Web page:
Asia and Europe are now united below sea level, thanks to the Eurasia Tunnel. This new road tunnel connects Kazlicesme to Göztepe, thereby reducing the heavy traffic that has always been a feature of this route. The tunnel is 14.6 kilometres long, 5.4 kilometres of which run right beneath the sea bed, and has two separate levels, one for each direction of traffic. It is a highly complex feat of engineering that has taken 55 months to build and an overall investment of 1 billion 300 million dollars. The excavations began on the Asian side of the Bosphorus Strait and finished on the European side. The project has also included reorganising traffic circulation. This has meant improving the access roads to the tunnel and creating two toll plazas. These changes have cut the level of traffic in Istanbul enormously and improved the quality of the local environment by reducing both atmospheric and acoustic pollution. In addition to the immense achievement of its engineering, the project also stands out for the extremely high quality of its design. The inside of the tunnel, for example, has both a functional and a decorative lighting system. The competition held for the latter was won by by Skira Architectural Lighting Design. The customer's specifications for this second architectural lighting system was that it should create a pleasant sense of rhythm inside the tunnel.
The lighting project proposed by Dean Skira
is based on lines of light and the colour blue. Blue was chosen after Skira made a careful study of traditional Turkish iconography. The interweaving lines, on the other hand, evoke the geometric patterns used as decorations on local carpets, tiles, windows and buildings. These looping lines of light inside the tunnel also influence driving rhythms as they are spaced at different intervals and therefore have different effects. The ones that are closer together transmit a sense of acceleration whereas those further apart seem to slow speed down. For the tunnel interiors, Dean Skira has created a blue background using RGB Ledtubes
and then projected lines of light onto it using a combination of RGB Trick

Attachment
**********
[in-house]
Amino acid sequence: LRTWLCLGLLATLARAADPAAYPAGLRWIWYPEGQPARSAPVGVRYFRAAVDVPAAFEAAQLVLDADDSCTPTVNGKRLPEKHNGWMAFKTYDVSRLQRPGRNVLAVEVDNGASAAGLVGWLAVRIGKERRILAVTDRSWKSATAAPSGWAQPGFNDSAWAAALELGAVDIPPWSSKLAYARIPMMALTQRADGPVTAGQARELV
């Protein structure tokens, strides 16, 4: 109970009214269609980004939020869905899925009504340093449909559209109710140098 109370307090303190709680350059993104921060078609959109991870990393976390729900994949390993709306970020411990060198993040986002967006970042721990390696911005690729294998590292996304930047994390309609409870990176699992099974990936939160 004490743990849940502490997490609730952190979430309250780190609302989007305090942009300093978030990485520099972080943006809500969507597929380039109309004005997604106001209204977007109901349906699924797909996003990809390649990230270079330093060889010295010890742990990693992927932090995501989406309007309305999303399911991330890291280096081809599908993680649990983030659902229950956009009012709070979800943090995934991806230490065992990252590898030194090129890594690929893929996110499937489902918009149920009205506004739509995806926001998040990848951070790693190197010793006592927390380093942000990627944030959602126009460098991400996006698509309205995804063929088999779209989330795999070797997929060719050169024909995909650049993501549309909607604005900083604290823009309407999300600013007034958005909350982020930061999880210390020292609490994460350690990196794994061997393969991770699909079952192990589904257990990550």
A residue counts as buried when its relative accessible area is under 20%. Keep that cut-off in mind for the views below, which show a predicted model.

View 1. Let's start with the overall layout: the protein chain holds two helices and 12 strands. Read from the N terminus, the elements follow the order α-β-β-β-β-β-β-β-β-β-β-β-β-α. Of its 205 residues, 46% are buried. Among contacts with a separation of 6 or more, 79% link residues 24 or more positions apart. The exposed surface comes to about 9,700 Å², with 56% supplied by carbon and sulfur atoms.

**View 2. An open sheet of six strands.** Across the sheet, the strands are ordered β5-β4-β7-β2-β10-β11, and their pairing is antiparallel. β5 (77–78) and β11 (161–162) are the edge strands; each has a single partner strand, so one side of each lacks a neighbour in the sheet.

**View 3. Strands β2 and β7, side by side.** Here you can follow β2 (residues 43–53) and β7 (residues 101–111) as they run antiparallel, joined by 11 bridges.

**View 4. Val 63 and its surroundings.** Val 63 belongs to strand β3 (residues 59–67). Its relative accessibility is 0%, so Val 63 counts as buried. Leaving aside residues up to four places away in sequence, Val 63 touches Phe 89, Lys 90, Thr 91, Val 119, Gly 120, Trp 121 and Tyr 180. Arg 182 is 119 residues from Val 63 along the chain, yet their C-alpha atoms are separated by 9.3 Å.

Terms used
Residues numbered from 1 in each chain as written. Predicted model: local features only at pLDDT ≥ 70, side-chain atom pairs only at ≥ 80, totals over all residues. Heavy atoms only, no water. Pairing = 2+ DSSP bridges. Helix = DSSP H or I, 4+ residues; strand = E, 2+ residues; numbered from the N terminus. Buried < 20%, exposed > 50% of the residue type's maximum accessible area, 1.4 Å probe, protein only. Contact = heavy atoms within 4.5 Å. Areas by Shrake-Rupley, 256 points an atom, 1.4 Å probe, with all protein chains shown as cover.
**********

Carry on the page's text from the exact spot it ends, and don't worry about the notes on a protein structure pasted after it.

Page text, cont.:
luminaires specifically designed for this project. One of the lines of light is created with a luminaire using 5000 K colour temperature LEDs, whereas the other 2 Trick devices produce a light blue line and a dark blue one. The tunnel, in fact, has two types of ceiling: a vaulted one for the upper deck and a flat one for the lower deck, but the pattern created by the light lines is the same for both. The tunnel also features curves and alternating dips and rises. The rhythm created by the light also varies between the start and the centre of the tunnel as the distance between the luminaires changes. At the start, for 750 metres, the luminaires are spaced at a distance of 3m (pattern 1), then for 500m they are spaced at 6m (pattern 2), then for another 750m the distance between them becomes 10m (pattern 3). This design, combined with the progressive spacing out of the loops, accentuates the idea of travelling in space and time, and makes driving through the viewless tunnel less monotonous. In the centre, the longest 1000m section of the tunnel returns to pattern 2 and then the loops move together again as the exit nears. The luminaires are fitted to the metal structure that runs along the whole length of the tunnel and contains the various system cables, which cannot be attached to the walls. A team consisting of Dean Skira, architects Dino Krizmanić, Leonid Zuban and the structural engineer Berislav Medić also designed the architectural structures for the toll plazas that feature steel arches that criss-cross at different angles and are projection-lit by RGB Linealuce
luminaires which create a light effect that anticipates what awaits travellers inside the tunnel.